This is decent enough as an explanation of why terrorist organizations pick more upscale people. It doesn’t help Beinart’s argument much, though. He wants to claim that improving the Arab world socially and economically will solve our problems. First, it shows al Qaeda’s goals have a significant political attraction to people who are doing pretty well in life. Second, what makes al Qaeda so deadly is the competence brought by more cosmopolitan recruits. Shouldn’t we be focused on that? Without the people to organize, direct, and carryout complex operations, the threat just isn’t so impressive. Beinart’s claim is that the poor and uneducated masses in the Middle East provide crucial support to groups like al Qaeda. This is true enough. The nature of suicide terrorism is such that it depends on a replenishing pool of recruits along with popular support in order to hide among a population. Now, improving the living conditions of the Middle East isn’t going to decrease the pool of important recruits for al Qaeda. If anything, it increases them, as there will be more competent educated people in the region. What about the overall support of a community? Even if the poor are more likely to join a group like al Qaeda, we know that al Qaeda attracts the non-poor in significant numbers, as I said above. What guarantee do we have that the political attraction will diminish enough that the low level support of communities will disappear? None. I think Beinart fails to provide a full argument that his proposed remedies will do enough. His only example is the tsunami that devasted Indonesia. The citizens of that region became much less hostile to our war on terrorism after we reversed ourselves and offered a great deal of aid to them. However, Indonesia is hardly a significant source of recruits in the first place. Places that meet Robert Pape’s criteria (occupation by a democracy of a different religion) would be a real test.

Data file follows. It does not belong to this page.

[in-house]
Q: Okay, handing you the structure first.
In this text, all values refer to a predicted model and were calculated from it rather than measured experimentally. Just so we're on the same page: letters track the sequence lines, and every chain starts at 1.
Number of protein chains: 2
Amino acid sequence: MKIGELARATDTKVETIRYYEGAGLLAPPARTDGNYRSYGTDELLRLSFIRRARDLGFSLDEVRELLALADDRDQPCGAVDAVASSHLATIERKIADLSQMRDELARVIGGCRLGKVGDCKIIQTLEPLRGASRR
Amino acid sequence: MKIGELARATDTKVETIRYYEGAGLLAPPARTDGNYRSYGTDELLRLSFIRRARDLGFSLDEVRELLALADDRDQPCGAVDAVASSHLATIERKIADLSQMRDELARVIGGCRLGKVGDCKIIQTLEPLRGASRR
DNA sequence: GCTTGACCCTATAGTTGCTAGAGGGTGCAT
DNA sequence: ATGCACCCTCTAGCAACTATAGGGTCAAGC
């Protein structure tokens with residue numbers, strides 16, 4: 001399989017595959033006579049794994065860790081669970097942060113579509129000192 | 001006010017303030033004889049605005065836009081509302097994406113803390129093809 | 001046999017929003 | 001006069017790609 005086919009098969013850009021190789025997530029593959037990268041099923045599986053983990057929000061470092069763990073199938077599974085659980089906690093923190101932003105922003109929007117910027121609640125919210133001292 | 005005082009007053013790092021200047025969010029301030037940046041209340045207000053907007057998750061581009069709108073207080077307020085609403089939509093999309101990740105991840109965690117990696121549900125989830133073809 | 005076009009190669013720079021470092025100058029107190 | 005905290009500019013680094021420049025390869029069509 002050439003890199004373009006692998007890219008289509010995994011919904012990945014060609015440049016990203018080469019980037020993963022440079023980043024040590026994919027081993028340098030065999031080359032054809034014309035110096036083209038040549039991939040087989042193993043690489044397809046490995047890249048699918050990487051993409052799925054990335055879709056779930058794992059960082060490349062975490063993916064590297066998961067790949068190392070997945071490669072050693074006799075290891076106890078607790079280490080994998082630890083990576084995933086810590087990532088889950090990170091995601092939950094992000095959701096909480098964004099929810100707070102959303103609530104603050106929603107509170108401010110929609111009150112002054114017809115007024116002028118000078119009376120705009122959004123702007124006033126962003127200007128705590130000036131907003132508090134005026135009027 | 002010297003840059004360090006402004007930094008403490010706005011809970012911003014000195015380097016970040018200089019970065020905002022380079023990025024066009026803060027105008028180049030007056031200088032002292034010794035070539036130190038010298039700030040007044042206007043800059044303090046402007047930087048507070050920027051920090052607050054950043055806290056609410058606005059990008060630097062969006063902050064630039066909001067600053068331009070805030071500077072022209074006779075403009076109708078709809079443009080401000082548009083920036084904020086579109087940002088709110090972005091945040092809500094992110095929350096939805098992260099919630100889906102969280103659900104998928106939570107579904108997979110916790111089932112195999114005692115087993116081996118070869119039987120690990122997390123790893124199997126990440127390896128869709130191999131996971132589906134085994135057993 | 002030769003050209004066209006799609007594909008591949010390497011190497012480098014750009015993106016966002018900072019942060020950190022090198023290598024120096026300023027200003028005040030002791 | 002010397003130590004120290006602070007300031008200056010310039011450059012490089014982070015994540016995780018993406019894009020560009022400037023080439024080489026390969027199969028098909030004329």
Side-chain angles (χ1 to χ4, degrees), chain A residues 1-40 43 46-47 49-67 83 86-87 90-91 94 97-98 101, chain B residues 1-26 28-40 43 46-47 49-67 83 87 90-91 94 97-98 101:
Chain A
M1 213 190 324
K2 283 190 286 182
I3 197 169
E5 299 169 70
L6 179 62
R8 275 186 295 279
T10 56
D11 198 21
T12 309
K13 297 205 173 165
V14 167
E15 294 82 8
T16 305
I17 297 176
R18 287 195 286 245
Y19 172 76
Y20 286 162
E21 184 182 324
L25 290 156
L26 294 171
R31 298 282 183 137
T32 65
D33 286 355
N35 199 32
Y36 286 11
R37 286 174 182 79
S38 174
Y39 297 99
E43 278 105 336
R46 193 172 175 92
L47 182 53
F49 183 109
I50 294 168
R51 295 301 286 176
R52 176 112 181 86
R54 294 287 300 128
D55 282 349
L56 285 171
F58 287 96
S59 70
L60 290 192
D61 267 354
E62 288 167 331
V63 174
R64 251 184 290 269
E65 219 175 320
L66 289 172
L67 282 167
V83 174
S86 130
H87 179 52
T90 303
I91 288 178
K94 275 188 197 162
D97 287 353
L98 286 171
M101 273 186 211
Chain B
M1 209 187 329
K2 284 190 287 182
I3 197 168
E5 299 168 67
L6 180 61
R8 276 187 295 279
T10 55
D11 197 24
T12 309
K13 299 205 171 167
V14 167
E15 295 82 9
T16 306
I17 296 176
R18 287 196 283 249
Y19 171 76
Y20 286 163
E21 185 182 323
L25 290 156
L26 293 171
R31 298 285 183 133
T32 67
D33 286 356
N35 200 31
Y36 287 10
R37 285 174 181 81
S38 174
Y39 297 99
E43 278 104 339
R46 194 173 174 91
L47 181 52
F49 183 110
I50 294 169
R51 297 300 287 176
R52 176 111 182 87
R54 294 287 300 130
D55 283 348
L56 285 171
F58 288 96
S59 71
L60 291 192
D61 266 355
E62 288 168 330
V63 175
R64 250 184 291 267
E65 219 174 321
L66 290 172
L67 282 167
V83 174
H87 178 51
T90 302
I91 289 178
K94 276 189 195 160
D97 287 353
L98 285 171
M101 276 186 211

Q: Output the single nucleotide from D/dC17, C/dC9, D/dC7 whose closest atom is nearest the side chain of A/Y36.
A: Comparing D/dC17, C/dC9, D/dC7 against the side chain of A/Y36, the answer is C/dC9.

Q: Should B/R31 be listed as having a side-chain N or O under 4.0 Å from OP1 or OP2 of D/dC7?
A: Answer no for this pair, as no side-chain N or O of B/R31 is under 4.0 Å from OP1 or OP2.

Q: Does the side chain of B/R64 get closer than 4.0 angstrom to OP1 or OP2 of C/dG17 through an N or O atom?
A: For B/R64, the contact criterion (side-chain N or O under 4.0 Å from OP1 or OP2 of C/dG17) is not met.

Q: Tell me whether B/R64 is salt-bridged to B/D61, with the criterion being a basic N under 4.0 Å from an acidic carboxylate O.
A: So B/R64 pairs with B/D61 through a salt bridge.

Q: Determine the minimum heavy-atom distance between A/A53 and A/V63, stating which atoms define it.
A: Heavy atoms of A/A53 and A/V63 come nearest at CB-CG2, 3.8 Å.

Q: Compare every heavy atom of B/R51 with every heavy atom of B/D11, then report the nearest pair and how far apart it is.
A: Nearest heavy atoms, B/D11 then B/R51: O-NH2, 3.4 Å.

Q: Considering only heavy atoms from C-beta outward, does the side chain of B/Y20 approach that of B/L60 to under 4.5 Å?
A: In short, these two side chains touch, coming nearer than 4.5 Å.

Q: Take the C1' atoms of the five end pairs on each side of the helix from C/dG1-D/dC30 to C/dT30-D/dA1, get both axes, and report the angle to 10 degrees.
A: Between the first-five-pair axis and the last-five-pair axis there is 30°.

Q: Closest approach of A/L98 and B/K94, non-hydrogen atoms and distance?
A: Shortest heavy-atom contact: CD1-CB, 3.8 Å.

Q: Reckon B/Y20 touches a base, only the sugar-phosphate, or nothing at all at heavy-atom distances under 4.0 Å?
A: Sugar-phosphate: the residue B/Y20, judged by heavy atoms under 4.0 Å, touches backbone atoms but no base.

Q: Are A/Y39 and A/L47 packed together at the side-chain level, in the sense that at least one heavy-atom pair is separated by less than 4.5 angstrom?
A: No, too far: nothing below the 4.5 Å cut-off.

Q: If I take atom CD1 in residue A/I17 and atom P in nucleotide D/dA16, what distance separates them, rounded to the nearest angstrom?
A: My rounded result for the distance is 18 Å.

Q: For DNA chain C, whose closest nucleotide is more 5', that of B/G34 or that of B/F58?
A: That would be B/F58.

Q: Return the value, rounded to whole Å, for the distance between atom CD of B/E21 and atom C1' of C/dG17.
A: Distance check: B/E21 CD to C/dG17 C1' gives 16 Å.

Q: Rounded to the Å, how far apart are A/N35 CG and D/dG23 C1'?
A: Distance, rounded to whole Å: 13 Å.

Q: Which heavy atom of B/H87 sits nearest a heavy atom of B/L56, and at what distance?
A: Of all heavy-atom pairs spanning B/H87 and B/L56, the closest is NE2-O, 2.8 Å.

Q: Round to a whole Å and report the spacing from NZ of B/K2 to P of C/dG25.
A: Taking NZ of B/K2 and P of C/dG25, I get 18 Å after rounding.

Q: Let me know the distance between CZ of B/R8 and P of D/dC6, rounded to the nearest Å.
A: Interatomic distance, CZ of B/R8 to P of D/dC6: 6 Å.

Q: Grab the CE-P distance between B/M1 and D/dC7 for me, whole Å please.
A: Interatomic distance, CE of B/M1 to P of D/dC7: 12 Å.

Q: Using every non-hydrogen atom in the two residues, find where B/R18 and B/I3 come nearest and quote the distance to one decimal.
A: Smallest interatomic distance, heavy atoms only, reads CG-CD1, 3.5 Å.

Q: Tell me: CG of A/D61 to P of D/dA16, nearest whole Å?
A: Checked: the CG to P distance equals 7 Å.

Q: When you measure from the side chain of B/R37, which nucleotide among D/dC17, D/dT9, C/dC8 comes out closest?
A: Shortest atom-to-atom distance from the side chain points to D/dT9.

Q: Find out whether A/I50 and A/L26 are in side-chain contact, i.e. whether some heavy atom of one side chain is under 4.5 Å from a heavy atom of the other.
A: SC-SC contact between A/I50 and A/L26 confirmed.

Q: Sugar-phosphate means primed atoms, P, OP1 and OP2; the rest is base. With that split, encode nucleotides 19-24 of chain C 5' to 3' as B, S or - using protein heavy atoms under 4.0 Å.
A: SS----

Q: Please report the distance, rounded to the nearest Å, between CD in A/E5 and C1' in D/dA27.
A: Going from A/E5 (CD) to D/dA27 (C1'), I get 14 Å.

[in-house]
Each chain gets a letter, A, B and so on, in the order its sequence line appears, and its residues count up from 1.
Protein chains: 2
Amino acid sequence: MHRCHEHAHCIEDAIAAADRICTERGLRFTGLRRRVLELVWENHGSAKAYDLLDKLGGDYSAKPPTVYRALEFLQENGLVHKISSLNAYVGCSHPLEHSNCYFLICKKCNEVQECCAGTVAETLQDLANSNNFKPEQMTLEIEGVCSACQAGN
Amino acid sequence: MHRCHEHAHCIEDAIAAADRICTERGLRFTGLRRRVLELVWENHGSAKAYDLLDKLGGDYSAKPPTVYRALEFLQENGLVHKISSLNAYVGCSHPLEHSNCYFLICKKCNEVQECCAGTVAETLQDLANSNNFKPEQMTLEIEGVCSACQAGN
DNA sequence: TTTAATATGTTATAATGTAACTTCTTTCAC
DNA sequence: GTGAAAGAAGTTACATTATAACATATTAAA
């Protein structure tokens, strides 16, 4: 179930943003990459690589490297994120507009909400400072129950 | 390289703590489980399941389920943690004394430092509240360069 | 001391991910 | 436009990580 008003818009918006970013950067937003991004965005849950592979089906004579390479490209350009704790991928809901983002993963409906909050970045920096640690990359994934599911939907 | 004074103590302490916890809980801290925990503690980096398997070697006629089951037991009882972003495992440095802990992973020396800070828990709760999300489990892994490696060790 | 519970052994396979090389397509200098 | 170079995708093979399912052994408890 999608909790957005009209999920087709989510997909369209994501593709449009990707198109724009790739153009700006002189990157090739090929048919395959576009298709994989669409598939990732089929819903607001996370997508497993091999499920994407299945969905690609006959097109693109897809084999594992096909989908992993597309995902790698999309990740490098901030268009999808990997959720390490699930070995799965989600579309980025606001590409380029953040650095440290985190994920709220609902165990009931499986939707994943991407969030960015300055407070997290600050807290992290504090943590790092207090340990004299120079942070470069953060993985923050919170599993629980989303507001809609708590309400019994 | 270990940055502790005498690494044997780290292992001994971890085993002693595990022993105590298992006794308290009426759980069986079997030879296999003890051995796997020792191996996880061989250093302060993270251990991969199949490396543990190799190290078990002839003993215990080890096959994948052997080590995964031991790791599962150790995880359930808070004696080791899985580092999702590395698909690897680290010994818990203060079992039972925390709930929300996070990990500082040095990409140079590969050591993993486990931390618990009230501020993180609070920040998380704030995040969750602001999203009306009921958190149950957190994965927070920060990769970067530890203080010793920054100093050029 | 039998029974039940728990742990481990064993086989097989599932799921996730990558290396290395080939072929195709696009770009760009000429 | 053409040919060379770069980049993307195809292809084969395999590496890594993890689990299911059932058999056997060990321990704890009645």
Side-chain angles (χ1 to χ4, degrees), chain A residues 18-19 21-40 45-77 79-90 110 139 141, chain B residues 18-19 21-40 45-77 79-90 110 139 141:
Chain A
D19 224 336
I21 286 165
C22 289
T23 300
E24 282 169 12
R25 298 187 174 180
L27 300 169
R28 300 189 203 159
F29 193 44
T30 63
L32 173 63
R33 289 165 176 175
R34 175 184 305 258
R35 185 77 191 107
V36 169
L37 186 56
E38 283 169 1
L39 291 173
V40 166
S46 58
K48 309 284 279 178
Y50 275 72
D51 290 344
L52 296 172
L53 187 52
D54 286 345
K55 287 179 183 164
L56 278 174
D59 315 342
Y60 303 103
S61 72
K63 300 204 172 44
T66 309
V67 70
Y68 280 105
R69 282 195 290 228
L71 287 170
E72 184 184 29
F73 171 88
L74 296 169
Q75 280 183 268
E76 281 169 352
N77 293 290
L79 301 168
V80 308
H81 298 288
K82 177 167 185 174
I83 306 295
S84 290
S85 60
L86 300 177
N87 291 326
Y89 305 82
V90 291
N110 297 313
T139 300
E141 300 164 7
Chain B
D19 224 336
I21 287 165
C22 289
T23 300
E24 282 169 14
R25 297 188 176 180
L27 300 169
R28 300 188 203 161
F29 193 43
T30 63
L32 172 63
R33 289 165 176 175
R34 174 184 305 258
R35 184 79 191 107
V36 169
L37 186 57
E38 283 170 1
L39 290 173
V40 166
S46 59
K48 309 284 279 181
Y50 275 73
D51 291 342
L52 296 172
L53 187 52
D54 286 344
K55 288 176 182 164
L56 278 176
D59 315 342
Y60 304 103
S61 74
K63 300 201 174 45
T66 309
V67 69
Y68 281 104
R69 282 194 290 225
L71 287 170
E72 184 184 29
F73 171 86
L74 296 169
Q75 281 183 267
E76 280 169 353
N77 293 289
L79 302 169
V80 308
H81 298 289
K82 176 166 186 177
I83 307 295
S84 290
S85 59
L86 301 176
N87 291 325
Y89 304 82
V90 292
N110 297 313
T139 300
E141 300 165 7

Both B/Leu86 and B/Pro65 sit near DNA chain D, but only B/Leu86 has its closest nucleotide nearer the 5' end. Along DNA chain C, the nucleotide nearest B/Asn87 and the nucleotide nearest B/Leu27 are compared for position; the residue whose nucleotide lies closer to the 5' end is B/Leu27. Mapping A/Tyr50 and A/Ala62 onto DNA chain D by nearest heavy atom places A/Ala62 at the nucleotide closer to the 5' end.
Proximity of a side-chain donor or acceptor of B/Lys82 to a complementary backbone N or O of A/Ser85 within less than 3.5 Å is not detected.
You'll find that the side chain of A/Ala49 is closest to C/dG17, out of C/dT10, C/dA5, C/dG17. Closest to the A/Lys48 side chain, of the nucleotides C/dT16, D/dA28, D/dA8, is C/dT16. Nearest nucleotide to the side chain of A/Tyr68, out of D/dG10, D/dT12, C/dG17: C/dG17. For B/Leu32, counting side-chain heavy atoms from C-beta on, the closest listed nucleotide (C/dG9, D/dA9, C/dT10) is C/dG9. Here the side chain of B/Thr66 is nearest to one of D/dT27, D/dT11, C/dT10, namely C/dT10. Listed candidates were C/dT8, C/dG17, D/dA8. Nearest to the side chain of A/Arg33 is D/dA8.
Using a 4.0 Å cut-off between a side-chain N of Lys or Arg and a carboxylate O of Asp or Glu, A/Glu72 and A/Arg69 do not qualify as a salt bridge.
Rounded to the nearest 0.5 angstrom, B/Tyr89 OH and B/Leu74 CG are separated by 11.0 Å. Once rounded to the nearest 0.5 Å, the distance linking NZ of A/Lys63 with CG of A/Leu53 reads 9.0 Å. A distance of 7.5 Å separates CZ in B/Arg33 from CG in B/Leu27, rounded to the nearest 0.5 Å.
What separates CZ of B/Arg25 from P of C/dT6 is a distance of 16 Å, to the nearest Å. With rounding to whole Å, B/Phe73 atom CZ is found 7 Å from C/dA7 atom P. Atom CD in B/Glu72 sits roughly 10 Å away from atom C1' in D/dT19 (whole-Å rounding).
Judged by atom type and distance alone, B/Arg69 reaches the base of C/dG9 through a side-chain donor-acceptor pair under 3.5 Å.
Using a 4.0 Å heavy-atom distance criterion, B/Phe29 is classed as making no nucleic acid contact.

Beinart’s proposed solutions are good in and of themselves, but I’m skeptical about their efficacy in eliminating jihadist terrorism. Sure, if we make Saudi Arabia look like Germany, it’s hard to imagine it spawning a significant number of bin Ladens. But how long is that going to take? 30 years? 50? We’re at rock bottom and we have the overwhelming hostility of the region to deal with. Perhaps we should be pursuing such policies, but I’m not sure we should be thinking it’s a good solution. Certainly we can’t abandon the region (which would, in all likelihood, solve our problems), but going the opposite direction is likely to take a long time and probably make things worse before they get better.

Beinart makes solid arguments that Bush’s policies are wrong and the ideas of the Michael Moores of the world are not much better. Beinart’s solution is more palatable than either of them, but I wonder if it’s really what we need. I’m all for national greatness liberalism and promoting reform in the Arab world, but I have my doubts about it being the solution.

Categories: Foreign Policy, The media